Dr. Liaw shares the role disease burden and other factors play in treatment selection.
Bobby Liaw, MD: There's a lot of variability in how oncologists and urologists are selecting treatment options for metastatic castrate-sensitive prostate cancer these days. A lot of the variabilities likely are due the fact that we have multiple agents that have all demonstrated in their own individual studies to had significant overall survival benefit. But unfortunately, there were only placebo-controlled studies, none were compared to each other, which is why there's a lot of controversy as to what's necessarily the best drug to use when, where. I tend to individualize treatment selections based on a couple of factors of like some of it is going to be based on performance status and patient comorbidities, but symptomatology, disease burden, sites of metastasis also play a big role in our decision-making process. Then there's always going to be the issue of trying to find ways to integrate a patient's personal preference. Now, docetaxel tends to be the option that might fall off a little bit easier due to issues with performance status, anticipated tolerance, or just plain old patient preference. Chemotherapy still has like a fair amount of stigma with patients. I can't think of anyone who was entirely enthused about getting chemotherapy. However, in patients who are actively symptomatic with a high-volume metastatic disease, I do usually give stronger preference or consideration for chemotherapy because this is the area where the CHAARTED data really supports its use. We don't see the same OS benefit readout in patients with low volume disease for the long-term fall of that study. Now, while LATITUDE, the abiraterone study was designed as a study for high-risk prostate cancer, it didn't use like the same criteria as CHAARTED which has been adopted for a lot of the other studies going forward, but there was a post-hoc reevaluation of the study, of the LATITUDE study using CHAARTED criteria separating out for high and low volume disease. And it still suggests that it maintains a good benefit in both low and high-volume diseases. Enrollment on the TITAN and ENZAMET studies actually saw about one-third of study participants having low volume disease. And we're very happy to see that the treatment effect on overall survival actually on both studies were favorably consistent across multiple pre-specified subgroups. And that was also consistent across like the high volume versus low volume disease patients. But I'll editorialize a little bit. Currently, the way that we define high volume disease, it's simply a yes or no. Do you have high-volume disease, yes or no? It doesn't actually more accurately quantify the amount of disease that you have. It doesn't really speak towards locations of disease involvement. I think we all can agree that deep down a patient with a Gleason 7 prostate cancer with 4 spots of bone metastases does not have like the same prognosis as a patient with Gleason 10 disease with diffuse bone disease, as well as liver metastases. Yet if we go strictly by tried criteria, they both would fall into the category of high-volume disease. A recent abstract that was actually presented at AUA by Jardel at all actually really tries to drive this point home using data from like the TITAN study, they actually found that the risk of worse outcomes was significantly increased with increased number of metastatic locations, and that multiple metastatic locations at baseline were significantly associated with a higher risk of worse outcomes as compared to people who had bone-only metastases. That makes a lot of sense to me, and I think a lot of people also feel the same way. I think more studies are going to be needed to further stratify and prognosticate because I think for all of us, the question is going to be how best to optimize treatment in these patients who are at the highest risk of poor outcomes.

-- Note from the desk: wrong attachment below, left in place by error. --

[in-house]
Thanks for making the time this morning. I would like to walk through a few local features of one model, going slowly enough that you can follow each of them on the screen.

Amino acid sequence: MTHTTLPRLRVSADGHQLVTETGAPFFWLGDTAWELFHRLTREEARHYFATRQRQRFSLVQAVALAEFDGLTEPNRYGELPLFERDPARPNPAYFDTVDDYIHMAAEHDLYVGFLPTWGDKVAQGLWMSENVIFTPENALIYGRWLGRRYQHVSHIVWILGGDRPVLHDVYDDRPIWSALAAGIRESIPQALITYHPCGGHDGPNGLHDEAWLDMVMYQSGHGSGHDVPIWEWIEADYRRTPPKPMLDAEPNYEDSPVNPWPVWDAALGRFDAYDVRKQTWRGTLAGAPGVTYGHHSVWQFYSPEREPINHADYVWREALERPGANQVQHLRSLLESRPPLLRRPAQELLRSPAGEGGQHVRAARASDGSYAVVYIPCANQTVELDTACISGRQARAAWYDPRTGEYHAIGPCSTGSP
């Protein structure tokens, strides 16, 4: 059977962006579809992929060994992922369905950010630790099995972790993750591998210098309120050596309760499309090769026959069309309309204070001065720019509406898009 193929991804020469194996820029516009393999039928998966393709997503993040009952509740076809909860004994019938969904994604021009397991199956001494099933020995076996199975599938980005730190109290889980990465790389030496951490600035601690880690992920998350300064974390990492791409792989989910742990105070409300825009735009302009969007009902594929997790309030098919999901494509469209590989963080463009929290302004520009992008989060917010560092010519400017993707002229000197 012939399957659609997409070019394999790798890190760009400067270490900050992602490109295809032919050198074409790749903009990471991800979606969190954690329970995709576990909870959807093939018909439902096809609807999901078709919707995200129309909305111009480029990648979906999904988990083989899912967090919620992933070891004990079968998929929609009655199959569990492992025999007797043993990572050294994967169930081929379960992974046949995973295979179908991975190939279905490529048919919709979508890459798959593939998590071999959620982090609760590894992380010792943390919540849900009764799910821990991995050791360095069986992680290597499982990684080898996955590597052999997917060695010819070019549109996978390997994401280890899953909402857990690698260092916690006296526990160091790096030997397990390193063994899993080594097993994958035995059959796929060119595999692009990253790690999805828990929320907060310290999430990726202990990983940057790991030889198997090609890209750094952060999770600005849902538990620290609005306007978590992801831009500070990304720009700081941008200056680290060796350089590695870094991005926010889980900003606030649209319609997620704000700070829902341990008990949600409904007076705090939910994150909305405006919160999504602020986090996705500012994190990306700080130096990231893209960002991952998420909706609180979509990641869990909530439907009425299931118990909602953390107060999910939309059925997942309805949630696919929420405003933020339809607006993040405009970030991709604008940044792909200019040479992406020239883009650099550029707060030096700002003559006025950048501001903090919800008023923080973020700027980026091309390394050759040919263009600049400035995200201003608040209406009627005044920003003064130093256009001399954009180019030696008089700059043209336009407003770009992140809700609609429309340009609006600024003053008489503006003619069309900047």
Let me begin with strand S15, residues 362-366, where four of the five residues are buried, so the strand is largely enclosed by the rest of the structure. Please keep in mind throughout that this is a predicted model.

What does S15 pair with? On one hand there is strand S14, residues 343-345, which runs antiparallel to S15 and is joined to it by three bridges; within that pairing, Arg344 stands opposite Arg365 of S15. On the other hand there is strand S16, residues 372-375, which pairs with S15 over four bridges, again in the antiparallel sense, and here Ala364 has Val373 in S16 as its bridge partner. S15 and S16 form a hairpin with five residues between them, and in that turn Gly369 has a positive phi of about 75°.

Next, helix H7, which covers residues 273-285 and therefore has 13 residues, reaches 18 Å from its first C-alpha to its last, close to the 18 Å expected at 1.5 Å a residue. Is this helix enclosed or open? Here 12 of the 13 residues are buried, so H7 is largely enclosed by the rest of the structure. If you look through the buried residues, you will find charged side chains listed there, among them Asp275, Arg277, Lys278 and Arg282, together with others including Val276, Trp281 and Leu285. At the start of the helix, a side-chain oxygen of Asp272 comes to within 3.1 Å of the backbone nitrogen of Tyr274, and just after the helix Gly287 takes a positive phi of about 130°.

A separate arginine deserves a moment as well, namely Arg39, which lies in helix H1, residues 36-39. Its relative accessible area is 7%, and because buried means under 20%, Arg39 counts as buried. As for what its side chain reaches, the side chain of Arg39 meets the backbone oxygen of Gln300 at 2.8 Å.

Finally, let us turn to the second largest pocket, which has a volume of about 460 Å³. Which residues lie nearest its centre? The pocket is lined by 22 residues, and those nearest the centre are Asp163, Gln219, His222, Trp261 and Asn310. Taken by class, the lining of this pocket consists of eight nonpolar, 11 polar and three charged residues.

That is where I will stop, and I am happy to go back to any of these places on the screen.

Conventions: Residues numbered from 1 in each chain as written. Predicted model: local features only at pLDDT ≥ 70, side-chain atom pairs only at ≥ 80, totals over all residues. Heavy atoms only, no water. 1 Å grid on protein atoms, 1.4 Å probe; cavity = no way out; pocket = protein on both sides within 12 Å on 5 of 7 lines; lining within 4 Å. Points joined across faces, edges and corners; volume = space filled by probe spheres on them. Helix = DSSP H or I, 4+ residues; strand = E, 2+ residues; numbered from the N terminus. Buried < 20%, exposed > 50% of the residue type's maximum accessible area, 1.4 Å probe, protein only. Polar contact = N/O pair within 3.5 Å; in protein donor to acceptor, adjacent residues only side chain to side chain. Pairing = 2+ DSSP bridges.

Transcript edited for clarity.